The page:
Staley’s Bears 1920-1921
Leo Thomas Johnson
Born: July 28, 1894- Lebanon, IL
Died: March 13, 1982 – Champaign, IL
High School: Carlyle High School
College: Millikin University
Staleys: 1920 (no games played)
Leo Johnson was a star athlete in four sports at Millikin University and left school in 1919. He is pictured in the 1920 Staley football team photo yet never played in any game. However, he spent his entire life associated with sports and became one of the most lauded coaches in the history of college track and field.
Johnson grew up in Carlyle, Illinois, but little is known of his life before he came to Decatur. In 1915, at age 21, he enrolled at Millikin University and immediately became the starting quarterback on the football team. At only 5 feet 5 inches tall, “little Leo” or “Little Napoleon” played guard on the basketball team and shortstop on the baseball team while also setting the conference record for long jump (22 feet, 4.5 inches) on the track team. He again lettered in four sports during the 1916-1917 seasons before entering the Reserve Officers Training School at Fort Sheridan, IL in June 1917. After two months of training he was assigned to Camp Grant (Rockford, IL) as a bayonet instructor before sailing to France in August 1918 to join the 35th Division of the U.S. Army. After World War I ended in November, Johnson remained on duty in France and participated in the long jump in the 14-nation Inter-Allied games in Paris in July 1919 before returning home. He was discharged at Camp Grant on August 16 and was back at starting quarterback for Millikin two weeks later and led the team in scoring that season.
After participating in baseball and track again in 1920 Johnson and five other former Millikin players decided to give professional football a try instead of returning to the university that fall. Save being photographed in uniform with the Staley team in October 1920; there is no record of Johnson appearing in any regulation game or of even getting paid. However, he always was invited to future Staley/Bears reunions and always considered himself part of the team.
In the fall of 1921, Johnson worked as the assistant football coach at Millikin before coaching at Bradley University the next two years. In September 1924 he returned to Millikin as head football coach and through the 1937 school year also served at various times as head basketball coach and athletic director. He received his bachelor of science degree from M.U. in 1933. On May 12, 1937, 250 sports fans gathered at the Decatur Masonic Temple to honor Johnson at a farewell banquet sponsored by his college fraternity, Sigma Alpha Epsilon. The keynote speaker was none other than Chicago Bears owner and coach, George Halas. It was Halas’ first visit back to Decatur since his Staley football days. In addition to having played with and been coached by Halas in 1921, Johnson coached now Bear running back George Corbett at Millikin as well as future Hall of Famer and current Bear great, lineman George Musso.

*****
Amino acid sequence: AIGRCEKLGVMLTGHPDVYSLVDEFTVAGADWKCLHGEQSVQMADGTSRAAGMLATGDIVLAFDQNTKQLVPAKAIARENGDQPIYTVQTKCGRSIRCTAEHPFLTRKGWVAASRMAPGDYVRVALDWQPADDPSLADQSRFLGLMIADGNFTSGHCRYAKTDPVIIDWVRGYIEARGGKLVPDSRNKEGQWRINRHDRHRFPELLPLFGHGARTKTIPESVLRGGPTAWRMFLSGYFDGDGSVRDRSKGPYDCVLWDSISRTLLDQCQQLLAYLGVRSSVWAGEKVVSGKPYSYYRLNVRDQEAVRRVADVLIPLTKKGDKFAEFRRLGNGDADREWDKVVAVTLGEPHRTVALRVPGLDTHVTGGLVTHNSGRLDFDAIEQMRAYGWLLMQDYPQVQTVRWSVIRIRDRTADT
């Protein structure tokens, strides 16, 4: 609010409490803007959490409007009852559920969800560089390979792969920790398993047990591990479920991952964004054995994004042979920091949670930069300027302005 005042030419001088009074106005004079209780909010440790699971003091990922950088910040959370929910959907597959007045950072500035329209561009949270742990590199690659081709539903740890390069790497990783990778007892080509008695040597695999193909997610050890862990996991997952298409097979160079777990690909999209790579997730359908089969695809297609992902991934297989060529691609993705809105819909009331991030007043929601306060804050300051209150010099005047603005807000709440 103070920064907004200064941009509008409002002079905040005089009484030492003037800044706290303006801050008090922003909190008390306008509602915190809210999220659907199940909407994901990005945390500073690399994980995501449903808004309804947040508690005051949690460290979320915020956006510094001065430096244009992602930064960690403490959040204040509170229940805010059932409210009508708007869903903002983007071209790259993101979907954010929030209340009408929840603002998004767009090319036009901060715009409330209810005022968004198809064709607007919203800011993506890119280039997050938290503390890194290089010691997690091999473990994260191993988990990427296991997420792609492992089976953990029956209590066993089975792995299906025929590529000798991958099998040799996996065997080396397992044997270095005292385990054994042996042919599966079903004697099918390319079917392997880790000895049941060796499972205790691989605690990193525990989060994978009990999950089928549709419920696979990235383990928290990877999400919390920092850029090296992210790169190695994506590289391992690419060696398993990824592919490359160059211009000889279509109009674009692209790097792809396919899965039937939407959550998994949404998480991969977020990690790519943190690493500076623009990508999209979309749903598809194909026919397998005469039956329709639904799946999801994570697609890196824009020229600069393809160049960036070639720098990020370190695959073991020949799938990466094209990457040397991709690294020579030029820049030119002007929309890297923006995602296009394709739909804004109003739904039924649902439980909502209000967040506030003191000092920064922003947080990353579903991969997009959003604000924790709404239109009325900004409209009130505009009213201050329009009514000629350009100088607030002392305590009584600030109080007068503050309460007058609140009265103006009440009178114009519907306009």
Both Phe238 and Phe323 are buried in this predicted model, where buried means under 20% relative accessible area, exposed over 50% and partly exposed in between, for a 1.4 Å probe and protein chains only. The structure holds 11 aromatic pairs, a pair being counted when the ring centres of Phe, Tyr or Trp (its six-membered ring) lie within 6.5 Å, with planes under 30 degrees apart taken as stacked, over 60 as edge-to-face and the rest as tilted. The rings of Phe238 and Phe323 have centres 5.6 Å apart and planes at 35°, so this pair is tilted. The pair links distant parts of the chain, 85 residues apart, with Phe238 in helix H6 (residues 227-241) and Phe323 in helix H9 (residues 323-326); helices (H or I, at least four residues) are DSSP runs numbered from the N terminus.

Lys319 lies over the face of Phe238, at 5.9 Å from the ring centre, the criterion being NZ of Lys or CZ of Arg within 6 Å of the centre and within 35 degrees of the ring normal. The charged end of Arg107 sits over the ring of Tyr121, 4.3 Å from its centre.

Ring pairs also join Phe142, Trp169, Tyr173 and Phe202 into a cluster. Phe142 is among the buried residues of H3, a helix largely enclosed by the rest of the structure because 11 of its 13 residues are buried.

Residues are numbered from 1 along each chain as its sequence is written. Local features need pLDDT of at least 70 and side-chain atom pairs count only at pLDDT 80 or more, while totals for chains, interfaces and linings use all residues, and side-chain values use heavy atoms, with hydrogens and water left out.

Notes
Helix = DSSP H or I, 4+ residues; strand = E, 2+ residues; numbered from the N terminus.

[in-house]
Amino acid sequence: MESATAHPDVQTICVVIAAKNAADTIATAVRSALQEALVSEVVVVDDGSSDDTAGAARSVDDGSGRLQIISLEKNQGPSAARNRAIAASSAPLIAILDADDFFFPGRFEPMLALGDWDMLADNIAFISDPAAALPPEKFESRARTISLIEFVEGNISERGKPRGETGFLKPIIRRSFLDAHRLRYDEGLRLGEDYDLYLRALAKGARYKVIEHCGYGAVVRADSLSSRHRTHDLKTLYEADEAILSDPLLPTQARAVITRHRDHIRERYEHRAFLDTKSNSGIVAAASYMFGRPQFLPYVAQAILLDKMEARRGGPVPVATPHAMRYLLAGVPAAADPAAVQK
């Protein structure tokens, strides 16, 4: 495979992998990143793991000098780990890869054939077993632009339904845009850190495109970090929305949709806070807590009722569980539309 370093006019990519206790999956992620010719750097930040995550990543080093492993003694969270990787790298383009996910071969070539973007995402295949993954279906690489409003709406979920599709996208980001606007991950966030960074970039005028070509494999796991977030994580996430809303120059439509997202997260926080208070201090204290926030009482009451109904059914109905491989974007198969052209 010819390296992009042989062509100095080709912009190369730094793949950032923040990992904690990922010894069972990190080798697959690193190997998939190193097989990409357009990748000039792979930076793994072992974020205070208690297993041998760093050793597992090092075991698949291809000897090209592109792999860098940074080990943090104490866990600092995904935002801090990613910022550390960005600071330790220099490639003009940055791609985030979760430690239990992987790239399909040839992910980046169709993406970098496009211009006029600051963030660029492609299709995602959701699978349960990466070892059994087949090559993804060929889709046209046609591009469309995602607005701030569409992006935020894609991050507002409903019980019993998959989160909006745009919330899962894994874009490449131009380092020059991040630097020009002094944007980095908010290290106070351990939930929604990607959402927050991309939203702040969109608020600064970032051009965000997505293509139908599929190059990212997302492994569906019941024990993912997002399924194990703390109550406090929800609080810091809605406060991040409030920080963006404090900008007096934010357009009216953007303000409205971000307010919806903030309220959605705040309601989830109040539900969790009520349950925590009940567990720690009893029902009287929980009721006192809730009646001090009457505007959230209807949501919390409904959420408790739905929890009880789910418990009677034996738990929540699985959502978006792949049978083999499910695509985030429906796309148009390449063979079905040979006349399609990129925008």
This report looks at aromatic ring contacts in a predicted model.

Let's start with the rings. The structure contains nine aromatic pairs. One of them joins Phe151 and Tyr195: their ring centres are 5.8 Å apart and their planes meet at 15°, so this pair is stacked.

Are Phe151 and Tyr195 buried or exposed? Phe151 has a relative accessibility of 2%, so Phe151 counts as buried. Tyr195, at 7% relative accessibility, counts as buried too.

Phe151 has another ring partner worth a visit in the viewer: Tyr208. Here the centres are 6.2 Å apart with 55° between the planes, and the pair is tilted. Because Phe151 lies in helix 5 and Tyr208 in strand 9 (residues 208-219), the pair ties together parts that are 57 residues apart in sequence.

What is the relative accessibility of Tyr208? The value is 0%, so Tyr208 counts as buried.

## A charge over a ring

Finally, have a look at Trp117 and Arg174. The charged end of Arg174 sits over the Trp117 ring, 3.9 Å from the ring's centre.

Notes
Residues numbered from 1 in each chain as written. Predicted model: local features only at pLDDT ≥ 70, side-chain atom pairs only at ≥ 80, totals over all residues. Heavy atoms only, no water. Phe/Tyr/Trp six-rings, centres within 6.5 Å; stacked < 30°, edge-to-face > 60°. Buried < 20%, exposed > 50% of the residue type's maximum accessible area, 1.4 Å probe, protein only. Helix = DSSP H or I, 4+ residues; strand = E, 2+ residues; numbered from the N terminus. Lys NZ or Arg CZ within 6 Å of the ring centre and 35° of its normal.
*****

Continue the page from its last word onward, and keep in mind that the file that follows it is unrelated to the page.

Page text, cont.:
Johnson was hired away from Millikin by the University of Illinois to serve as assistant football coach and head track coach. From 1938 until his retirement in 1965, Johnson’s track team won three NCAA championships and 17 Big Ten championships: ten outdoors and seven indoors. He served as the head coach for the U.S Pan American track team in 1955. Before his death in 1982 he was selected to the Millikin Athletic Hall of Fame, the United States Track and Field Hall of Fame, the Helms Hall of Fame and the Drake Relays Hall of Fame. At his passing the Leo T. Johnson Track and Field Scholarship Fund was created at the University of Illinois and the A.E. Staley Company was front and center with a $500 donation for their former player.
On December 5, 1922, Johnson married former Millikin classmate Henrietta Page at her home at 570 W. Prairie Ave. in Decatur. They had two sons. At his death on March 13, 1982, he was survived by his wife and sons Dr. William Johnson of Champaign and Dr. Gerald Johnson of Monticello, IL. He was interred just east of the UIUC football stadium at Roselawn Cemetery in Champaign.
Copyright@2018 Mark W. Sorensen